BERLIN: Germany’s government unveiled a slew of measures Thursday to ease the burden of soaring petrol and heating bills, from a 300-euro ($330) energy subsidy to the “cheapest ever” public transport for 90 days.
The relief package for households — agreed after days of wrangling in the coalition between Chancellor Olaf Scholz’s Social Democrats, the ecologist Greens and the liberal FDP — comes as Germany tries to reduce its reliance on Russian energy following Moscow’s invasion of Ukraine.
Finance Minister Christian Lindner said citizens and companies were struggling to cope with soaring energy costs.
The package of measures showed that the government would shield the country “from the negative impacts of the war”, while taking further steps to diversify energy sources, Lindner told reporters.
The relief includes a one-off 300-euro subsidy for taxpayers to help with rising energy bills, as well as a fuel tax rebate of 30 cents per litre for petrol and 14 cents for diesel over the next three months.
To encourage commuters to ditch the car and opt for more climate-friendly alternatives, the government is offering 90 days of local public transport at nine euros per month.
“Taking the bus and train will probably never have been cheaper in Germany,” Green party co-leader Ricarda Lang told at a press conference.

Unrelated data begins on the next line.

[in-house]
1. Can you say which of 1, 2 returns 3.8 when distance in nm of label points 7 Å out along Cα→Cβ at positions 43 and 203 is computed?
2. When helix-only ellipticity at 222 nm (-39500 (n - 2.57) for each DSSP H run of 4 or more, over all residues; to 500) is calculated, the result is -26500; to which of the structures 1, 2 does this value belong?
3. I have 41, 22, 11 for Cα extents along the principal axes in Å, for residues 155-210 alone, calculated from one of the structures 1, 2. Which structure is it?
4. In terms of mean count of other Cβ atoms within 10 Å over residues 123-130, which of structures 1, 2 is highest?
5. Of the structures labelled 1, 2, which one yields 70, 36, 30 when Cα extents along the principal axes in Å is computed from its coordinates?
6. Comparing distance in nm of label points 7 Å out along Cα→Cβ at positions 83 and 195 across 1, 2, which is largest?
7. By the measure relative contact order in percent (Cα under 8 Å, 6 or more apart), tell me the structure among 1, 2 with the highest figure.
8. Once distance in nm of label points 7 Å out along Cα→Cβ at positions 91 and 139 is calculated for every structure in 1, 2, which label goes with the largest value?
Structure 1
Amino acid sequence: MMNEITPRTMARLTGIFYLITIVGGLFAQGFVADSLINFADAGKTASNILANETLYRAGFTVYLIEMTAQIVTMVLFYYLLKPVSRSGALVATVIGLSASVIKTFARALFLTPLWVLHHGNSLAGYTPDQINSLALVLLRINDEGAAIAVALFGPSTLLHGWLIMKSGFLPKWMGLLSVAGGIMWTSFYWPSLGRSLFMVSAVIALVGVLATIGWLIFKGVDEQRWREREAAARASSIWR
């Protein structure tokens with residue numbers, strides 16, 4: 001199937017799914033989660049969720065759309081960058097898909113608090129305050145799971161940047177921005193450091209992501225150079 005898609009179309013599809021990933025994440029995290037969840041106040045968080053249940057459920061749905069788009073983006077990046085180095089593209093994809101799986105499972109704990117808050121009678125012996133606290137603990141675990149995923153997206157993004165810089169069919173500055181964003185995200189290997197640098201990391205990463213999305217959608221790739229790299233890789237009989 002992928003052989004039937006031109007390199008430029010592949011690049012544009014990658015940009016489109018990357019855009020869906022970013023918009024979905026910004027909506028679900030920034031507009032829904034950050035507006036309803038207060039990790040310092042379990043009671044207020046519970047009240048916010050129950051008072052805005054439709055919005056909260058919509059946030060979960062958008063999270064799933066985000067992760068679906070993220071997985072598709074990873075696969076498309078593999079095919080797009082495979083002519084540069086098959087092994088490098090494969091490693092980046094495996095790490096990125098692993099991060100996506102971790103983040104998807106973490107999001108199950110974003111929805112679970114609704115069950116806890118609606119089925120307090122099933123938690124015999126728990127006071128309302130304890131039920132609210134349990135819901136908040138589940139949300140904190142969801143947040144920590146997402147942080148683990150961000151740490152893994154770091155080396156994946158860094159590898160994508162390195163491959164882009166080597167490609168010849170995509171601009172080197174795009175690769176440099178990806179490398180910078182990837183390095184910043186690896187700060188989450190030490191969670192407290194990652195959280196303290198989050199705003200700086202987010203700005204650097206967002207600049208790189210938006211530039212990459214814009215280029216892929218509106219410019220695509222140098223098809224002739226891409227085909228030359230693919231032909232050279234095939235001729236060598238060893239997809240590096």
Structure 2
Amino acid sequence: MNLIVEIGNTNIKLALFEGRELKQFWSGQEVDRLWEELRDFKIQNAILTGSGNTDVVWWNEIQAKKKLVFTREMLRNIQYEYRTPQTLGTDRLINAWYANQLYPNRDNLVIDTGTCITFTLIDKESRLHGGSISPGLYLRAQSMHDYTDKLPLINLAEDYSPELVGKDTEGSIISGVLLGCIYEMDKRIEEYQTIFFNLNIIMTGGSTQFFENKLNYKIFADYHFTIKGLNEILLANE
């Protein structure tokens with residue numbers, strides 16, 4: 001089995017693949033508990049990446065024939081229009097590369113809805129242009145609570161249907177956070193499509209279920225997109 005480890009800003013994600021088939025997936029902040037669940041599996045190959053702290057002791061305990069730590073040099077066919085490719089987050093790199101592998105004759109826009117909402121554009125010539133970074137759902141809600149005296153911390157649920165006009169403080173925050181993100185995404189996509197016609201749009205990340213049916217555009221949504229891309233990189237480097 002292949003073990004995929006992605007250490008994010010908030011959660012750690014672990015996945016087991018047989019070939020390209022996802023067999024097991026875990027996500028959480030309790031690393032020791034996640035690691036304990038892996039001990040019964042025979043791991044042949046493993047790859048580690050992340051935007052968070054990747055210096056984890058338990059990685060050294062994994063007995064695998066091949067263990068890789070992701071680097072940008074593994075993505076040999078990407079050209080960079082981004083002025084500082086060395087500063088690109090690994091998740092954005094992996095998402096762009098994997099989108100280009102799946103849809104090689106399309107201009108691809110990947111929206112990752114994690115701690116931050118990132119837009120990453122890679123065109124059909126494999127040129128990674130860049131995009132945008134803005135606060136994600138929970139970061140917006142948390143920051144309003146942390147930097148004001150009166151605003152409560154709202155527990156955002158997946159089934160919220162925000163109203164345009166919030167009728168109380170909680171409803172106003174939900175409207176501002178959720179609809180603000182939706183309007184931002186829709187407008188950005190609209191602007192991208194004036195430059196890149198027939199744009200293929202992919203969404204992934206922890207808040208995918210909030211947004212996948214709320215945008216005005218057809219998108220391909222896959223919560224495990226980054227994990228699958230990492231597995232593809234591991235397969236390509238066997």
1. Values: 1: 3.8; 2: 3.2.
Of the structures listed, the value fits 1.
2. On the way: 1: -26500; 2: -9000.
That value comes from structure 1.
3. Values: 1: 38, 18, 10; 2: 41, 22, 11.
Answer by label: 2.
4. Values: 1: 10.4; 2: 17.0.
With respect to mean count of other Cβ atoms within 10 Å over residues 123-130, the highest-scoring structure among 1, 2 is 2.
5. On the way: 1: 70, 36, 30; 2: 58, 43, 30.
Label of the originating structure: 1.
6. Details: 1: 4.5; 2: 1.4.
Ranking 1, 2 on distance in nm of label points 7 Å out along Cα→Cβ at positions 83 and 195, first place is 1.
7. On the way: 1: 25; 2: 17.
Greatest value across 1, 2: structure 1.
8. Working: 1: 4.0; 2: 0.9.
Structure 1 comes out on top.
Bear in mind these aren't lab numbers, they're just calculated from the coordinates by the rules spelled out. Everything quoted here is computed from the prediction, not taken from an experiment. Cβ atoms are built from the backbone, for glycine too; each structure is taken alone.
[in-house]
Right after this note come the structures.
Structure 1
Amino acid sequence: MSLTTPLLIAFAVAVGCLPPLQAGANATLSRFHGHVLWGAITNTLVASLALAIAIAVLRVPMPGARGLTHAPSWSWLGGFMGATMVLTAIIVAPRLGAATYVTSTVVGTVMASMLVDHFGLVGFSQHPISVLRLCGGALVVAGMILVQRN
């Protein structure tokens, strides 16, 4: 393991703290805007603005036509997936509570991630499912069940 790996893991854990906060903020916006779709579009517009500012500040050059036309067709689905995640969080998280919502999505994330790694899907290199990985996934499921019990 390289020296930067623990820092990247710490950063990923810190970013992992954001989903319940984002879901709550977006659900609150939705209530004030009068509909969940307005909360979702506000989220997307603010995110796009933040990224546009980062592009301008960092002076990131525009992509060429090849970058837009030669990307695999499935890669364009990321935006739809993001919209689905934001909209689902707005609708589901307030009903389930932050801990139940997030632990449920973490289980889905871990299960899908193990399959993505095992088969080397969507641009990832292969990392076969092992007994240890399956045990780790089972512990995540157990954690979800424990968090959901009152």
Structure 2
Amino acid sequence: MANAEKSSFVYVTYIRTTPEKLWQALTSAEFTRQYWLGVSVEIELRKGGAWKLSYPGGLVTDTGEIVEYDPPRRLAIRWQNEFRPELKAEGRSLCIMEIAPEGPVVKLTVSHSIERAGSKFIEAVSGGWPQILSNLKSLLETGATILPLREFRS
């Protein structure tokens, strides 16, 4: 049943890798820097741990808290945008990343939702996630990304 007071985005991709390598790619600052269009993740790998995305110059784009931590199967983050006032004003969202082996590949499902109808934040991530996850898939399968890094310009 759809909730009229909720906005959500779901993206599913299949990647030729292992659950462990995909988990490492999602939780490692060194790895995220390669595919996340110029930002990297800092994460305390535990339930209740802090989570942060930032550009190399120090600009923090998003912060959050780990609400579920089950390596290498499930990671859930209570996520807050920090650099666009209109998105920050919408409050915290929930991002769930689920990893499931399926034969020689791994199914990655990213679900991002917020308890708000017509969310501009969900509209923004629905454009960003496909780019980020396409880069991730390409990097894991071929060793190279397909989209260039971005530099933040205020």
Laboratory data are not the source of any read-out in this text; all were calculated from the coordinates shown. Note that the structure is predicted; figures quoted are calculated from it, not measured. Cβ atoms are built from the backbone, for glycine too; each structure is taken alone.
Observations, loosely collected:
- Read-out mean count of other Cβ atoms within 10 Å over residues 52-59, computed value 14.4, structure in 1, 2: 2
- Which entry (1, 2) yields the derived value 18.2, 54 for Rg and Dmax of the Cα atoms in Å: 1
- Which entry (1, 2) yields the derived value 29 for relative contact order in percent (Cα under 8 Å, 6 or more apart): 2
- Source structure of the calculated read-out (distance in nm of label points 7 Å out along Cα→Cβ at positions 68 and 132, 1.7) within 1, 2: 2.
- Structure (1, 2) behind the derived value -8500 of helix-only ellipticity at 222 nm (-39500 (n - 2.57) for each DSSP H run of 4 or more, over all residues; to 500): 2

Other measures include additional subsidies and child benefits for lower income households, on top of similar aid announced previously.
Lindner said it was unclear how much the relief package would cost as it partly depended on the take-up of the public transport scheme.
But he said it would be roughly the same as the first round of energy relief measures which mainly targeted low-income families and amounted to about 13 billion euros. Lindner plans to unveil an additional 2022 budget shortly to take into account the new borrowing needed to cushion the economic blow from the war in Ukraine.
Germany has backed sweeping Western sanctions against Russia over its aggression against Ukraine.
But Germany has also faced criticism at home and abroad for resisting a call to boycott Russian oil and gas, a move Berlin fears could plunge Europe’s top economy into chaos.
German Chancellor Olaf Scholz warned on Wednesday that abruptly stopping Russian imports would risk “hundreds of thousands of jobs”.
Before the war in Ukraine, Germany imported 55 percent of its natural gas from Russia, half its coal and around 35 percent of its oil.
As part of its carbon reduction goals, Germany aims to phase out coal use by 2030.
But the coalition government said on Thursday it was considering keeping its coal-fired power plants open for longer to ensure energy security and reduce gas usage.